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    $\begingroup$ Another point. Even if the exterior of their ship is as cold as space itself, it still will be detectable because at such a relatively close range, it would occlude a relatively wide arc of the sky. We have detected a few Kiuper Belt objects by noticing them block the light from distant stars. Earth-Moon L2 is much closer than the Kiuper Belt, so even a small ship would have comparatively large apparent size. $\endgroup$ – Ryan_L Jul 14 at 22:59
  • $\begingroup$ I get a feeling that the two answers so far could be combined into a solution. The Low-Frequency Explorer for the initial clue, the Spitzer to nail it down. $\endgroup$ – o.m. Jul 15 at 16:39
  • $\begingroup$ This answer covers who could see the ship, but not whether any of them are actually looking at it. Space is big and just because you are a telescope in the same orbit as an object, does not mean you notice it. $\endgroup$ – Muuski Jul 15 at 20:55
  • $\begingroup$ From just some quick estimates, I get similar to user58697's comment to you in the other answer. Basic trig shows approximately 12000km for the side of the triangle going from Earth core out to where you could possibly see L2, so that's about 6000km beyond the planet surface. A satellite out in geosynchronous orbit meets that criteria, but not low earth orbit. $\endgroup$ – Loduwijk Jul 16 at 19:25
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The Queqiao satellite parked at the Earth-Moon L2 point may detect the appearance of the object if there is an accompanying radiation spike in the 80 kilohertz to 80 megahertz range as the satellite hosts the Netherlands-China Low-Frequency Explorer which is running astrophysical studies focused on that frequency range. It's also possible that the ship may break said satellite on arrival.

Alternately there are several other satellites planned for that area one of which may observe or impact on the ship. In terms of visual observation from Earth, no that's not going to happen.

Also depending on the mass of the ship in question very finely calibrated satellite systems such as GRACE may detect it purely due to gravitational anomaly.

I believe that in order to make a good visual observation we would need to launch a new asset.

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  • $\begingroup$ Nothing in a high orbit that could get line-of-sight and get retasked? $\endgroup$ – o.m. Jul 14 at 19:03
  • $\begingroup$ @o.m. Nothing is that high up, and in fact the farther up an object's orbit the less able it is to see past the moon to the anomaly, you might be able to retask SOHO or one of the other Earth-Sol L1 satellites they're 0.1 AU from Earth and should be able to observe the anomaly as the Earth-Moon L2 passes Aphelion. $\endgroup$ – Ash Jul 14 at 19:23
  • $\begingroup$ There are space telescopes sensitive to various frequencies in various orbits. Even a telescope in low Earth orbit would be at a right angle to the direction between Earth and the Moon twice in each 90 minute orbit. And at that angle an low orbit telescope and one on the ground below it) should almost be able to see the L2 position Any telescope able to view L2 with enough resolution at the right wavelength - like the infra red wavelengths of the heat emitted by the space ship - should detect the space ship. $\endgroup$ – M. A. Golding Jul 14 at 19:38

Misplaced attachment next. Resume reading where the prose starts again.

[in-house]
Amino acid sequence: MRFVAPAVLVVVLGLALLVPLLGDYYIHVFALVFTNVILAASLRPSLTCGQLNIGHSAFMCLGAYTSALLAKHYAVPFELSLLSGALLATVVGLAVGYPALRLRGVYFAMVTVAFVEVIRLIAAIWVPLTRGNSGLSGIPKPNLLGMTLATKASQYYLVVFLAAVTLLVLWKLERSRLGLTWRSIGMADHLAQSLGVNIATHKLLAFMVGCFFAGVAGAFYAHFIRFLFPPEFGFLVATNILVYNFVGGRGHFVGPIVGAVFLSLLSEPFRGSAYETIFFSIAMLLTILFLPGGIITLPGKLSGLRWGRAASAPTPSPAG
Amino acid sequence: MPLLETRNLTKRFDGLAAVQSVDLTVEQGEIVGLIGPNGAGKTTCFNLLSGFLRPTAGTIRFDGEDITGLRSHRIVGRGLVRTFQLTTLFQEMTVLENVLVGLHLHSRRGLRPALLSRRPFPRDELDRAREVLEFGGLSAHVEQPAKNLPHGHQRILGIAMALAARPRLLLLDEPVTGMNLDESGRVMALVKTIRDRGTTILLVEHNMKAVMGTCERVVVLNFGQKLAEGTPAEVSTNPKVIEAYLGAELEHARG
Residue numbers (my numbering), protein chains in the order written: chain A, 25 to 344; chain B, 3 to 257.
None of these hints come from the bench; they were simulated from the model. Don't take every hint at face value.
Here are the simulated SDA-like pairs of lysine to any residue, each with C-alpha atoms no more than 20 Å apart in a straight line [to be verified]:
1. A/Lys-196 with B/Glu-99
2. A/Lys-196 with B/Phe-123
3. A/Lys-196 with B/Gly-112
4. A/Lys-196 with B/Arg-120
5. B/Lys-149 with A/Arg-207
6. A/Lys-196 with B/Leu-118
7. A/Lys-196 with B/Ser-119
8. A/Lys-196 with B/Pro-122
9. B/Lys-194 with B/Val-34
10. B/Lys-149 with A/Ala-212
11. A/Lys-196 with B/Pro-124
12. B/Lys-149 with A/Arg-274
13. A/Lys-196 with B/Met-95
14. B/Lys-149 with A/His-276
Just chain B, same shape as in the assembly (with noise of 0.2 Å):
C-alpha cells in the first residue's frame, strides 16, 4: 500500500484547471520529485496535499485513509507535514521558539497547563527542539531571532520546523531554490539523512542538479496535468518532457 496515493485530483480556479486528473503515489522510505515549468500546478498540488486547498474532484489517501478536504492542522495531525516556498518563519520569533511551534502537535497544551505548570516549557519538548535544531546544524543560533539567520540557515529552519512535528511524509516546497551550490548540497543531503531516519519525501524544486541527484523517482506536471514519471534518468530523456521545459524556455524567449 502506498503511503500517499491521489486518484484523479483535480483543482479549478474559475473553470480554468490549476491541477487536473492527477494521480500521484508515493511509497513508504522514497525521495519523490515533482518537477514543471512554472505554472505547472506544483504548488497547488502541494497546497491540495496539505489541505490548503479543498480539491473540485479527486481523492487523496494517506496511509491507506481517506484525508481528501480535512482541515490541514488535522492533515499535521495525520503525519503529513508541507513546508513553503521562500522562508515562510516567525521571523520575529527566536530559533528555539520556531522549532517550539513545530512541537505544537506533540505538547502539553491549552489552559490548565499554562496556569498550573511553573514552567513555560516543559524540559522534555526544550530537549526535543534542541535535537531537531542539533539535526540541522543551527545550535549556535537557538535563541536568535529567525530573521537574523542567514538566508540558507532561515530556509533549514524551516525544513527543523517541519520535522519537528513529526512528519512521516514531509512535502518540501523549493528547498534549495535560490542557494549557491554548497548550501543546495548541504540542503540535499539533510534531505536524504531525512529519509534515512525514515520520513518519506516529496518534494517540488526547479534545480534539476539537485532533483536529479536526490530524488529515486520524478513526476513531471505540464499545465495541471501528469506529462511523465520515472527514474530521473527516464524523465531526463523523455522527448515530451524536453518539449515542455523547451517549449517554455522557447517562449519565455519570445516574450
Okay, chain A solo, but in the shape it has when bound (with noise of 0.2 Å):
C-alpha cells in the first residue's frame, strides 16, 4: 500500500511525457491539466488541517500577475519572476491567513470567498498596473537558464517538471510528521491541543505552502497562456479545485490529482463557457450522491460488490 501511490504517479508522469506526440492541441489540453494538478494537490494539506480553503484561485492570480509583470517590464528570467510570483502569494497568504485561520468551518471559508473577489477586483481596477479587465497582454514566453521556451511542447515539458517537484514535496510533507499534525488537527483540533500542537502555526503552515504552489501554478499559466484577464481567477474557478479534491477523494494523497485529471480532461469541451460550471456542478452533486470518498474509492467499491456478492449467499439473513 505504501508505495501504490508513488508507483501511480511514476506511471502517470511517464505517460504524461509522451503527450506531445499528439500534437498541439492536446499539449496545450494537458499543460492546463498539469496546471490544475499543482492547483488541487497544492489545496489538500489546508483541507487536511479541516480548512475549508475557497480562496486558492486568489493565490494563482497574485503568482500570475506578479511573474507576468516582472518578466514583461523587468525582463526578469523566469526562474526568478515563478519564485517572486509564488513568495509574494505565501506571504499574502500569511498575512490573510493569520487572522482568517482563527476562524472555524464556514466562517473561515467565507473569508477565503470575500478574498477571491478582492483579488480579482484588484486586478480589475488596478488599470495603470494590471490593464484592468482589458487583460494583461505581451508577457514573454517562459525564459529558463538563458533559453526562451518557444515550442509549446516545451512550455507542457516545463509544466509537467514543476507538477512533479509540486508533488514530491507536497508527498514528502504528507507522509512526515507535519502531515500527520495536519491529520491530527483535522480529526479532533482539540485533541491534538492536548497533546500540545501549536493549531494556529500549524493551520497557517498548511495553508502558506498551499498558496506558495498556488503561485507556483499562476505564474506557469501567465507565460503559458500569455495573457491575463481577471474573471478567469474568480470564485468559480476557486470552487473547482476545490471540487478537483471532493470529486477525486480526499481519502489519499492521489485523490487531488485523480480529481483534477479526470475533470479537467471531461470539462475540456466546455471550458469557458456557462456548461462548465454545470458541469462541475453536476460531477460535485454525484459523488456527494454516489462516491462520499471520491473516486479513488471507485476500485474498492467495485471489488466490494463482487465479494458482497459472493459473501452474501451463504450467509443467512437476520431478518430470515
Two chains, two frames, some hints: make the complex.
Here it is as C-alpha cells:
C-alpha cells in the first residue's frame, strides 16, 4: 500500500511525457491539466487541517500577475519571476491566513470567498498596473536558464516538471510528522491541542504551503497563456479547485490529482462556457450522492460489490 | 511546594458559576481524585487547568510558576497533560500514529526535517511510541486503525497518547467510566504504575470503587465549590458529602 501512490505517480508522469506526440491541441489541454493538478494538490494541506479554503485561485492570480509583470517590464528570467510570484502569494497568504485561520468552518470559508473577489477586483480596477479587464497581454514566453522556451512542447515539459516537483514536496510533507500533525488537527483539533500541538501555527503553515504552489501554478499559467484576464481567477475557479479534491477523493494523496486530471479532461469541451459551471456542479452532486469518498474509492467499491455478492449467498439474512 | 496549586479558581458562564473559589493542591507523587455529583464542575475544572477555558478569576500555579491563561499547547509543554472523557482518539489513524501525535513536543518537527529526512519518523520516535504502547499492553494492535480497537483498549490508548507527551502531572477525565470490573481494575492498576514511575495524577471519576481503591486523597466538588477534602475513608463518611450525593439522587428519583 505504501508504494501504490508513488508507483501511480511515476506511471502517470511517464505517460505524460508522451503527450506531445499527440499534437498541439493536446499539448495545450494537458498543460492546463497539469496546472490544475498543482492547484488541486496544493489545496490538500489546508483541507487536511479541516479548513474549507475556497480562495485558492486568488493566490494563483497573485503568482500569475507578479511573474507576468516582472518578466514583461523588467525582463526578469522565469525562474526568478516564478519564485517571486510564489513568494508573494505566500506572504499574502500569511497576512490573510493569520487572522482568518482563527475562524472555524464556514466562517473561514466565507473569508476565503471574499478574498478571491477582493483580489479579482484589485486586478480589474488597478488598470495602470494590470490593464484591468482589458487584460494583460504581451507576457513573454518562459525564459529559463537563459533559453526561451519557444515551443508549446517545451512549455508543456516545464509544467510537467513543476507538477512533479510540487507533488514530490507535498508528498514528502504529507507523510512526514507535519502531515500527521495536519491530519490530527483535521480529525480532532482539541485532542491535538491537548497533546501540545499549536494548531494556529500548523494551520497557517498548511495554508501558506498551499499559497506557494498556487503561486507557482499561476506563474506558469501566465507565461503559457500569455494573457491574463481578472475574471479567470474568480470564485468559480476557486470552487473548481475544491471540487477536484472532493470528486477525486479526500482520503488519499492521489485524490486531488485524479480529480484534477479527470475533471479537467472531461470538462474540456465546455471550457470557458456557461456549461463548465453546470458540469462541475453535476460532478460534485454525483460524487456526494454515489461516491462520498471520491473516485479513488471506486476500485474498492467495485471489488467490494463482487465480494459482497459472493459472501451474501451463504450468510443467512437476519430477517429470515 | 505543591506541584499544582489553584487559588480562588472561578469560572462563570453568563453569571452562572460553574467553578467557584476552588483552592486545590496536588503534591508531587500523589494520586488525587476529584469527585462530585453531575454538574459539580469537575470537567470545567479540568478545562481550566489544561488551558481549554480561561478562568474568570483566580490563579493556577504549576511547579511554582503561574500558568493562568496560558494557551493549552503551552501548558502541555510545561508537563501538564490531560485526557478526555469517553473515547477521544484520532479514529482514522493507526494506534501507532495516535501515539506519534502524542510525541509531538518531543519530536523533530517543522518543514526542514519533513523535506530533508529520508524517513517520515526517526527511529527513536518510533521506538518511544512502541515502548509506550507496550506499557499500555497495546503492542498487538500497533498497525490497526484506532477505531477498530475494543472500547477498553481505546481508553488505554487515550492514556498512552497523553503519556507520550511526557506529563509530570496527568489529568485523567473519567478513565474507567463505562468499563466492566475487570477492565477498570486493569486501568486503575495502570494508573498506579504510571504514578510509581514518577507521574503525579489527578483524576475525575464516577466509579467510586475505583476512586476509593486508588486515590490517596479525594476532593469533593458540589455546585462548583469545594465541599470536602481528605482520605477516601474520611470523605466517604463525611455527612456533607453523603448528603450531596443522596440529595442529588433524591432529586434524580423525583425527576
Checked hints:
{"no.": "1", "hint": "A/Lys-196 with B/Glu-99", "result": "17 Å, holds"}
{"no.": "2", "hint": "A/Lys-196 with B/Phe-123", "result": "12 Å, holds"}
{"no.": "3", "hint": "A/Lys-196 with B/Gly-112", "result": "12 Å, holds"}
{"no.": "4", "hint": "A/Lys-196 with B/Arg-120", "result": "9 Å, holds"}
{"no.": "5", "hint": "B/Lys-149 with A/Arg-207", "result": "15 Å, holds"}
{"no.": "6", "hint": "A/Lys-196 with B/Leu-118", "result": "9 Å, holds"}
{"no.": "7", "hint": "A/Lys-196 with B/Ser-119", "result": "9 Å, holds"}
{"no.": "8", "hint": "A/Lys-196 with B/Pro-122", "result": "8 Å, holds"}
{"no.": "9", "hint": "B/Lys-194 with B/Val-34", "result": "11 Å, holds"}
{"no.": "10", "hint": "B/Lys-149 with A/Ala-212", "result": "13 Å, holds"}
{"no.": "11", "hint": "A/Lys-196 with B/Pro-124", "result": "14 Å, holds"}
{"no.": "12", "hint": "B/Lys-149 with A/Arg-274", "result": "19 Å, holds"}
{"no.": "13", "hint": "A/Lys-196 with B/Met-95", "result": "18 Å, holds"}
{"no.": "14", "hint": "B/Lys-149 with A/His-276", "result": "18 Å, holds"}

• $\begingroup$ @M.A.Golding L2 is behind the Moon as seen from Earth, the lunar disk occludes most direct lines of sight. $\endgroup$ – Ash Jul 15 at 10:37
  • $\begingroup$ @Ash The Earth is about 4 times as wide as the Moon, and a low Earth Orbit is even wider compared to the Moon. And the alien space ship should oscillate around the exact L2 point. Thus if the alien space ship is far enough beyond the Moon it will be visible from low Earth orbit or even the "side" of the Earth. See my answer and try creating a scale diagram of the Earth and the Moon. $\endgroup$ – M. A. Golding Jul 15 at 16:28
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Your preference is for initial observation by Mr. Average Joe. We can see how plausible this is by creating some categories of how likely Average Joe is to have access to certain vantage points.

From most plausible to least plausible (list is not exhaustive):

  • Surface of Earth - very easy, just walk outside
  • Low Earth Orbit (hudreds of km up) - not as easy but still plausible; Average Joe can get viewing time on such telescopes
  • Geosynchronous Orbit (10s of thousands of km up) - even less likely, possibly implausible; can Average Joe get viewing time on such satellites? Not that I know of, but I'm not an expert
  • Lunar Orbit - Not unless Average Joe has some special job, connections, or story plot hook
  • Something else farther away, such as Earth-Sun L-points instead of Earth-Moon L-points, or other non-Earth/Moon-bound objects - Not feasible for Average Joe

Now let's do some simple, rough trig estimations to see how far from Earth you'd need to be to see around the moon to that point.

Distances in thousands of km:

+ < Moon edge
+
+ ~2
+            ~61
+++++++++++++++++++++++++++++
^Moon center                ^L2

All we have to do is scale that triangle up by multiplying the sides. We know that the distance Earth-to-Moon is ~384000km, so the distance Earth-to-Lunar-L2 is ~(384000+61000)km = ~445000km. That is a factor of ~7.3 increase from 61000km, so...

(again distances in 1000s of km)

+ < X (which is where we want to be at or past to see Earth-Moon-L2)
+
+                    + < Moon edge ~2
+                    +
++++++++++++++++++++++++++++++++++++++++++
^ Earth center ~445  ^Moon center ~61    ^L2

This has now become a "Solve for X" math problem. X / 2 = 445 / 61 After solving for X by shifting the "/2" over, we have X = 14

So that is 14000km from the center of the Earth, so for orbit distance about half that number of km from the surface of the Earth. A calculation that I did shortly before writing this answer put it at a 6000km orbit, and I think that quick calculation was slightly more accurate than this one.

Roughly, 6000km is about 10 times farther than low earth orbit, but is only about one-tenth as much as geosynchronous orbit. So Average Joe cannot view L2 from his backyard, nor from a low earth orbit telescope. Average Joe would need to beg, borrow, steal, or pay for time on something farther out. Possible, but not quite as feasible.